Foam and function
Dr Thomas Fiedler is driving the development of new-generation cellular materials with that are light, strong and multi-functional.
To the untrained eye, the metal sample blocks in Dr Thomas Fiedler's office look almost fragile, with their unusual, porous configurations. But looks can be deceiving, and these metallic structures are, in fact, incredibly strong and versatile materials with potential for widespread industrial application.
The blocks are examples of what are known as cellular materials, which are manufactured by introducing a foaming solution to molten metal that gives the end product an aerated appearance. The materials produced from this and similar techniques are both strong and lightweight, have thermal-insulating and acoustic-dampening properties and can absorb high amounts of energy from an impact – all of which makes them prospectively well-suited to purposes such as car and aircraft manufacturing.
German-born Fiedler has been involved in research and development of cellular materials at the University of Newcastle since moving to the city in 2008 to take up a postdoctoral appointment within the Centre for Geotechnical and Materials Modelling. "This is still largely a development area in terms of research but these materials have great potential and some are already being used in commercial applications, such as luxury motor vehicles," Fiedler explains. "Scientists in the field are working on improving the reliability and consistency of the materials and experimenting with ways to produce them more cost-effectively."
Fiedler is investigating another use for metal foams as part of an Australian Research Council Postdoctoral Fellowship project developing alternative cooling systems for buildings, electronic devices and other applications. The project centres on the design of next-generation 'heat sinks', materials that can be used to absorb heat in place of electrically powered devices. To illustrate their use, Fiedler uses the example of laptop computers, which rely mostly on small, built-in cooling devices to ensure they do not overheat.
"A built-in fan will cool the computer down, but you then need extra power to run the fan, and it adds size to the device," he points out. "A heat sink will absorb and store that heat without adding substantial bulk or requiring additional energy."
Paraffin is recognised as an effective heat sink because it is a phase-change material (PCM) capable of absorbing a substantial amount of heat at the point at which it transforms from solid to liquid form. However, it has poor thermal conductivity, so Fiedler is blending paraffins with cellular metals – such as copper foams – to create prototype composite materials that work more effectively as heat sinks by combining the optimum properties of both.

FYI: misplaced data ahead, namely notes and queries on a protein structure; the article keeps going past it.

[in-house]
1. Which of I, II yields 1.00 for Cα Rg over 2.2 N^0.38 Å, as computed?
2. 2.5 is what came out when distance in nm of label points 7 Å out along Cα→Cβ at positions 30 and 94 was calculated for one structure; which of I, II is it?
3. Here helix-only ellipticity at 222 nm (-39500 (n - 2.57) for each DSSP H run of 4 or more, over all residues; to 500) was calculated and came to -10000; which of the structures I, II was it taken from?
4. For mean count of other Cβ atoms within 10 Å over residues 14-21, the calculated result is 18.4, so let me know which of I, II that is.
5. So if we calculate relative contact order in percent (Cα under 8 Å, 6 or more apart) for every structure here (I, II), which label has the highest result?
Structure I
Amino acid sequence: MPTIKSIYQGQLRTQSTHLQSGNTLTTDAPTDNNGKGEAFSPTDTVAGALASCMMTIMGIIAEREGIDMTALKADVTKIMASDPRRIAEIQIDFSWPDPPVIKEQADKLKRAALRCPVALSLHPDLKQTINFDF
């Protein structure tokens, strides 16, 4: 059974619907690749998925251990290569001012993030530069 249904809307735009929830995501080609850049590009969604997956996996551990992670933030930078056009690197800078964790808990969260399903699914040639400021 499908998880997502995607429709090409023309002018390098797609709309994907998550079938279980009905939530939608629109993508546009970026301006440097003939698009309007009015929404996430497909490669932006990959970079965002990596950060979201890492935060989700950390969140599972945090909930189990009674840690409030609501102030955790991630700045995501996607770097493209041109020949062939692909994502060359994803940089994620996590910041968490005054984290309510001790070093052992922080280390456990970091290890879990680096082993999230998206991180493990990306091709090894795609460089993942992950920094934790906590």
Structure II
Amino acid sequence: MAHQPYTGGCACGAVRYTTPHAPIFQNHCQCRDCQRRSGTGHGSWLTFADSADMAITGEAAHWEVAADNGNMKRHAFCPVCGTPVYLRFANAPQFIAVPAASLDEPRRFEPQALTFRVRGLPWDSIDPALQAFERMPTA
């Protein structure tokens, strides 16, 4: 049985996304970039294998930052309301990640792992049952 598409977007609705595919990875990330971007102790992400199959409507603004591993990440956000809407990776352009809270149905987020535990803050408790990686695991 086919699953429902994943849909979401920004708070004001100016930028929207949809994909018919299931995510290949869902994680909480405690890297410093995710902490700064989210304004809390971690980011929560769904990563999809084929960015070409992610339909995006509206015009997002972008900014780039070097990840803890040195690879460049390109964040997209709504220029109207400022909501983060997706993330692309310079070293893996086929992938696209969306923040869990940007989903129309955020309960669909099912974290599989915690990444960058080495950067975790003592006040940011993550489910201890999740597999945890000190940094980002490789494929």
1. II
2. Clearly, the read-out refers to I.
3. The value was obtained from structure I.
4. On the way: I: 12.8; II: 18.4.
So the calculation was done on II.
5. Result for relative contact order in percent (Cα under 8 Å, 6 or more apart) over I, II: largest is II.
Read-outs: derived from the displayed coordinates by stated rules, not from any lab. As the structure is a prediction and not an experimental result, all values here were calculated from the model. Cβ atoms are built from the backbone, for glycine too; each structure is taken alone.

"A typical application could be solar heating and cooling, where you could use the material to absorb thermal energy during the day then release that heat later to warm buildings or water systems," Fiedler explains. "These composite heat sinks provide a largely untapped solution for energy-efficient temperature control and emission-free heating."
Fiedler's research encompasses both experimental work and the development of high-level computational techniques for modelling new material combinations. He uses the Lattice Monte Carlo Method, a powerful and computationally demanding algorithmic modelling tool. Fiedler has forged collaborations with research groups in Malaysia, Portugal, Slovenia, Brazil and Germany and his work in the development of cellular metals has attracted interest from prospective commercial partners.
"The University of Newcastle produces first-class research in this field," he says. "We have a lot of expertise in our group, access to powerful computers, and collaborations with influential partners around the world – all of which contributes to our strong international reputation."
A new body of work
The development of biologically friendly surgical implants might seem a long way removed from the design of composite metals used in industrial applications, but Dr Thomas Fielder's wide-ranging research spans both fields.
"The connection is that they are both cellular materials," he outlines. "The biomaterials I am working on have a similar structure to the metallic foams I study so I am able to apply my skills in manipulating the properties of cellular materials."
Fiedler is involved in a collaboration with Professor Aldo Boccaccini, a leading biomaterials researcher from the University of Erlangen-Nuremberg, in Germany. Together they are developing surgical implants and devices (scaffolds) that help repair defects in tissue, skin and bones, then dissolve in the body, negating the need for follow-up surgery to remove them.
"Biomaterials have been used for some time, but we are developing third-generation designs, which are both bioactive and able to slowly dissolve," Fiedler states. "I am looking at the construction of the materials, investigating the mechanical properties and experimenting with things like titanium reinforcement to make them stronger."
The collaboration represents a new direction for Fiedler's research and one that he believes perfectly illustrates the vast potential of cellular materials in seemingly disparate disciplines. "Ironically," he adds, "the construction of cellular metals is inspired by bone structure, so applying my research back to the body is, in a way, completing the circle."